The Writhing Assay is one of the most widely-used experimental procedures for measuring the analgesic activity of different narcotic and nonnarcotic analgesic agents, and involves the continuous, chemically-induced pain of visceral origin to an animal, such as a mouse or rat. [Gyires et al., Arch. int. Pharmacodyn, 267, 131-140 (1984); C. Vander Wende et al., Fed. Proc., 15, 494 (1956); Koster et al., Fed. Proc., 18, 412 (1959); and Witken et al., J. Pharmacol. exp. Ther., 133, 400-408 (1961).] Chemicals which may be used to induce this pain include phenylbenzoquinone (PBQ) and acetic acid. As a result of the chemical irritation to the animal, a characteristic stretching and writhing of the animal (dorsiflexion of the animal's back, extension of its hindlimbs and the strong contraction of its abdominal musculature) will generally occur. The intensity of this pain reaction is determined by the number of writhes exhibited by the animal during a given period of time. Drugs which reduce the number of writhes of the animal appear to restore the normal nociceptive threshold of the animal.

Compounds of the present invention exhibit analgesic activity in mice, as shown by the results of the Writhing Assay presented in Table 1 hereinbelow.

Charles River male albino mice, weighing 20 to 30 grams, were used in this assay.

Thirty minutes after intragastric administration to ten mice of 30 mg per kilogram of body weight of a compound of the present invention ("test compound"), 0.1 mg per 10 g of body weight of a 0.025% w/v solution of PBQ was injected intraperitoneally into each mouse. Ten mice which were given saline in place of a test compound of the invention were used as a control group.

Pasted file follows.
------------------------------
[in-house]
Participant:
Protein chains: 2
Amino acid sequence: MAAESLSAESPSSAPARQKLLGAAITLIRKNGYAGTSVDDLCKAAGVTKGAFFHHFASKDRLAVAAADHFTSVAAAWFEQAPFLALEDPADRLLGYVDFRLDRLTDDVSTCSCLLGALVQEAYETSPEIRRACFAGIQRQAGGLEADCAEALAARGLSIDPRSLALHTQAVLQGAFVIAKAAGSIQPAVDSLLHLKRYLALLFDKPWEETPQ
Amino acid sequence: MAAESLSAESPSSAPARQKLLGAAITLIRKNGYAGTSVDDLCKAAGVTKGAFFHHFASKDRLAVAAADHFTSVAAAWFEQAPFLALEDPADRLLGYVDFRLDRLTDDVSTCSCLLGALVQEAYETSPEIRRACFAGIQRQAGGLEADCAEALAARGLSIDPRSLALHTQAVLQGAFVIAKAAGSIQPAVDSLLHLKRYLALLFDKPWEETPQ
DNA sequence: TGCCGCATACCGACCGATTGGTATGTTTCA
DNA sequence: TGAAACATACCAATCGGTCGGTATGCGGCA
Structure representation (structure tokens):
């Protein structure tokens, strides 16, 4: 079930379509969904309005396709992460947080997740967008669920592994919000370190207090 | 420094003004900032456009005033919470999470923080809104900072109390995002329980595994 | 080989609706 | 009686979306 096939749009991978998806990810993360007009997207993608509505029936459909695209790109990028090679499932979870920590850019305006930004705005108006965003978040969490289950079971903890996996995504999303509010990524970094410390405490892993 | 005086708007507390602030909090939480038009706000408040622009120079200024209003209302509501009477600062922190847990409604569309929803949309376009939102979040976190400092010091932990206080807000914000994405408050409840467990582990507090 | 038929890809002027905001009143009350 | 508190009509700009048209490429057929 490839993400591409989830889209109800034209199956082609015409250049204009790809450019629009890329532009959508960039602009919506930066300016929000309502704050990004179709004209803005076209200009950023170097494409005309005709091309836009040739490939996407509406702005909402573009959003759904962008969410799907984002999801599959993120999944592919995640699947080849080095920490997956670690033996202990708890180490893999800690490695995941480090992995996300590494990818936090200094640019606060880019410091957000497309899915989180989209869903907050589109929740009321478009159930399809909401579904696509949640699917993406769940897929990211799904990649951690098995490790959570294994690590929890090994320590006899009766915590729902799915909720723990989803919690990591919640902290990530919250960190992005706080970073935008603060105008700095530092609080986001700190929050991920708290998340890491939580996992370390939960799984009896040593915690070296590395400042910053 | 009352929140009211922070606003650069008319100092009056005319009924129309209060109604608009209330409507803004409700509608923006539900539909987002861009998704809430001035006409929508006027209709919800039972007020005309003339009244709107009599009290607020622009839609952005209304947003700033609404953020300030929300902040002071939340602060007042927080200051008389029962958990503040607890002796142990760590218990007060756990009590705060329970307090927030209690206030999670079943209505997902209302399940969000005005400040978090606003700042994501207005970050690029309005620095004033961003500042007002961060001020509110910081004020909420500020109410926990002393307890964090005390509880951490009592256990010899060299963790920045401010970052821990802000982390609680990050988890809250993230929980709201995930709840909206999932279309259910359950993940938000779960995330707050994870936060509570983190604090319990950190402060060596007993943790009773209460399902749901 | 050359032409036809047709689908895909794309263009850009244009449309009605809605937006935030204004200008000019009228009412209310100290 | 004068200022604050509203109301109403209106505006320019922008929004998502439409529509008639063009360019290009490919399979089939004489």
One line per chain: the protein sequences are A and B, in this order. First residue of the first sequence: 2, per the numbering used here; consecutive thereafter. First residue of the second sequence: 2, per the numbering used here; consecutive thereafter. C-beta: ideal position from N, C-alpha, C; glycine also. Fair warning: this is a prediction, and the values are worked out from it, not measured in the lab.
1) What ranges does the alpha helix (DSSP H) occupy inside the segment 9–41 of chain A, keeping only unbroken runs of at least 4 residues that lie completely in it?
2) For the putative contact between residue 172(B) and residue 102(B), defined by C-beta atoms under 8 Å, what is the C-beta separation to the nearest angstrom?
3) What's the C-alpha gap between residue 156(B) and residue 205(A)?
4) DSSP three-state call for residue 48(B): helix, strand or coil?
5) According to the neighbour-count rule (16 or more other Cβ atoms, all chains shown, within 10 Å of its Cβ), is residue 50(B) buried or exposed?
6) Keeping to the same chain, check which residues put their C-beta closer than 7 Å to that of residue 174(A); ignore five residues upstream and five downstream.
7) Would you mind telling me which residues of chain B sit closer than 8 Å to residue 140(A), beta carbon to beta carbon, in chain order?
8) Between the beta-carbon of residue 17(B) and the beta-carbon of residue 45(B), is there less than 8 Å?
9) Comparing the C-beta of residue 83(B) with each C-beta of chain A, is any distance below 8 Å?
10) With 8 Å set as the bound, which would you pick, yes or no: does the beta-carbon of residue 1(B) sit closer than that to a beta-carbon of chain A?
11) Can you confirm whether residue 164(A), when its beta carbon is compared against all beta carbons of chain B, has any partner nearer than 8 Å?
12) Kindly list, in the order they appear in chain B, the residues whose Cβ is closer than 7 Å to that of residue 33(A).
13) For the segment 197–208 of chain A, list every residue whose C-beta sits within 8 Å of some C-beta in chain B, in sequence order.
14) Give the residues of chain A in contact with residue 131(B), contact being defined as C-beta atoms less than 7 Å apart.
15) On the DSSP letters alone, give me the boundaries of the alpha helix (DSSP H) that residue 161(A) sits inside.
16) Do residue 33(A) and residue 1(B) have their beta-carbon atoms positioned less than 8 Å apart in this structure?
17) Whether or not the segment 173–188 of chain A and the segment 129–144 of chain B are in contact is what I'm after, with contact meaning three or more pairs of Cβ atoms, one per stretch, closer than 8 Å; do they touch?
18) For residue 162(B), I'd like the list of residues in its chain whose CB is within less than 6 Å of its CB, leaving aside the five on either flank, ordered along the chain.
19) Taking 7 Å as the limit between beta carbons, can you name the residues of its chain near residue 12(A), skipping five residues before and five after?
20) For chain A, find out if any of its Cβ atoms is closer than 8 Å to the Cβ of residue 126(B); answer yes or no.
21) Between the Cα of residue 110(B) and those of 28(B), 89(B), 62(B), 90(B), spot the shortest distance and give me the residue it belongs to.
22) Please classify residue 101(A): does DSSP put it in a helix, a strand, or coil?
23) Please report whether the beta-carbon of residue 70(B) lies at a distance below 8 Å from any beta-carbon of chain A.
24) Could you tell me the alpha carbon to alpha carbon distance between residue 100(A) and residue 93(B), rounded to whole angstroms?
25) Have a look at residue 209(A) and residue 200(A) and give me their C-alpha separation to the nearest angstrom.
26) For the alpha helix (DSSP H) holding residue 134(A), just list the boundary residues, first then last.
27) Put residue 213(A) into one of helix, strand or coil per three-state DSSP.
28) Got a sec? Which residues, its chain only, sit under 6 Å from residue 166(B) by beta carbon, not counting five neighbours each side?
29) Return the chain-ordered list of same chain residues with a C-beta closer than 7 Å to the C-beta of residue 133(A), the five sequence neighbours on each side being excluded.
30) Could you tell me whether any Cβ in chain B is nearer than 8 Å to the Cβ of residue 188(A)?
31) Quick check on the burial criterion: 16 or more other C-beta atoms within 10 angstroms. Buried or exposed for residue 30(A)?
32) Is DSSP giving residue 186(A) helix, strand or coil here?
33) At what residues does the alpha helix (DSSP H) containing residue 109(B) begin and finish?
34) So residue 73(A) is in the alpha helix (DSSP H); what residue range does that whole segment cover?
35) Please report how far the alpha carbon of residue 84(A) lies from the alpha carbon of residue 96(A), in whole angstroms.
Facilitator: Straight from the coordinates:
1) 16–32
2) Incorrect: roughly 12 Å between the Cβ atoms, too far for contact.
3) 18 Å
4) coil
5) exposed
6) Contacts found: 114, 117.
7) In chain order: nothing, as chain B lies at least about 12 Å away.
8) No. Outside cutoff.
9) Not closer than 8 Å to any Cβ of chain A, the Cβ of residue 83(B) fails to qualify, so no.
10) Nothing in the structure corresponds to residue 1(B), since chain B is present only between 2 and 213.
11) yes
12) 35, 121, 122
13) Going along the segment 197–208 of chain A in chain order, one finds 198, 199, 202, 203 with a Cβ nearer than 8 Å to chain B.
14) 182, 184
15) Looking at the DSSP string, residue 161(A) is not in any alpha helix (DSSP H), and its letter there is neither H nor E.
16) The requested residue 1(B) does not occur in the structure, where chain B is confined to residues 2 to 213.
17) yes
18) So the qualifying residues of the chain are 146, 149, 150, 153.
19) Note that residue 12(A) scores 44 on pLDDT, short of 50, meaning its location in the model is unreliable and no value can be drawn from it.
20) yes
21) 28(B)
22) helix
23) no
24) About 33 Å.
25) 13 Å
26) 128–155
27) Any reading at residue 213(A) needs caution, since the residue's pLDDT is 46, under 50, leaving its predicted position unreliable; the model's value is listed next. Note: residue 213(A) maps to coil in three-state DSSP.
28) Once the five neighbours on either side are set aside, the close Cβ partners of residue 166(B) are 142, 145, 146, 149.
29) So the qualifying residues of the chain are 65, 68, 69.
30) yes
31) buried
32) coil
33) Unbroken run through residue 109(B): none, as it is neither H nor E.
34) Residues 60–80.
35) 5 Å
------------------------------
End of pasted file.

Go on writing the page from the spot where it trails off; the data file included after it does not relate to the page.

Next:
Five minutes later, each mouse was individually placed into a glass beaker for observation, and the number of writhes occurring during the following ten-minute period was counted.

A test compound was considered to have produced analgesia in a mouse if, in accordance with the conditions set forth above, and under the test criteria employed for this assay, after the administration of 30 mg per kilogram of body weight of a compound of the present invention to the mouse, the number of writhes elicited by a mouse injected with PBQ was equal to, or less than, one-half the median number of writhes recorded for the saline-treated control group of mice that day, as described by Taber in "Predictive Value of Analgesic Assays in Mice and Rats," Advances in Biochemical Psychopharmacology, 8, 191 (1974).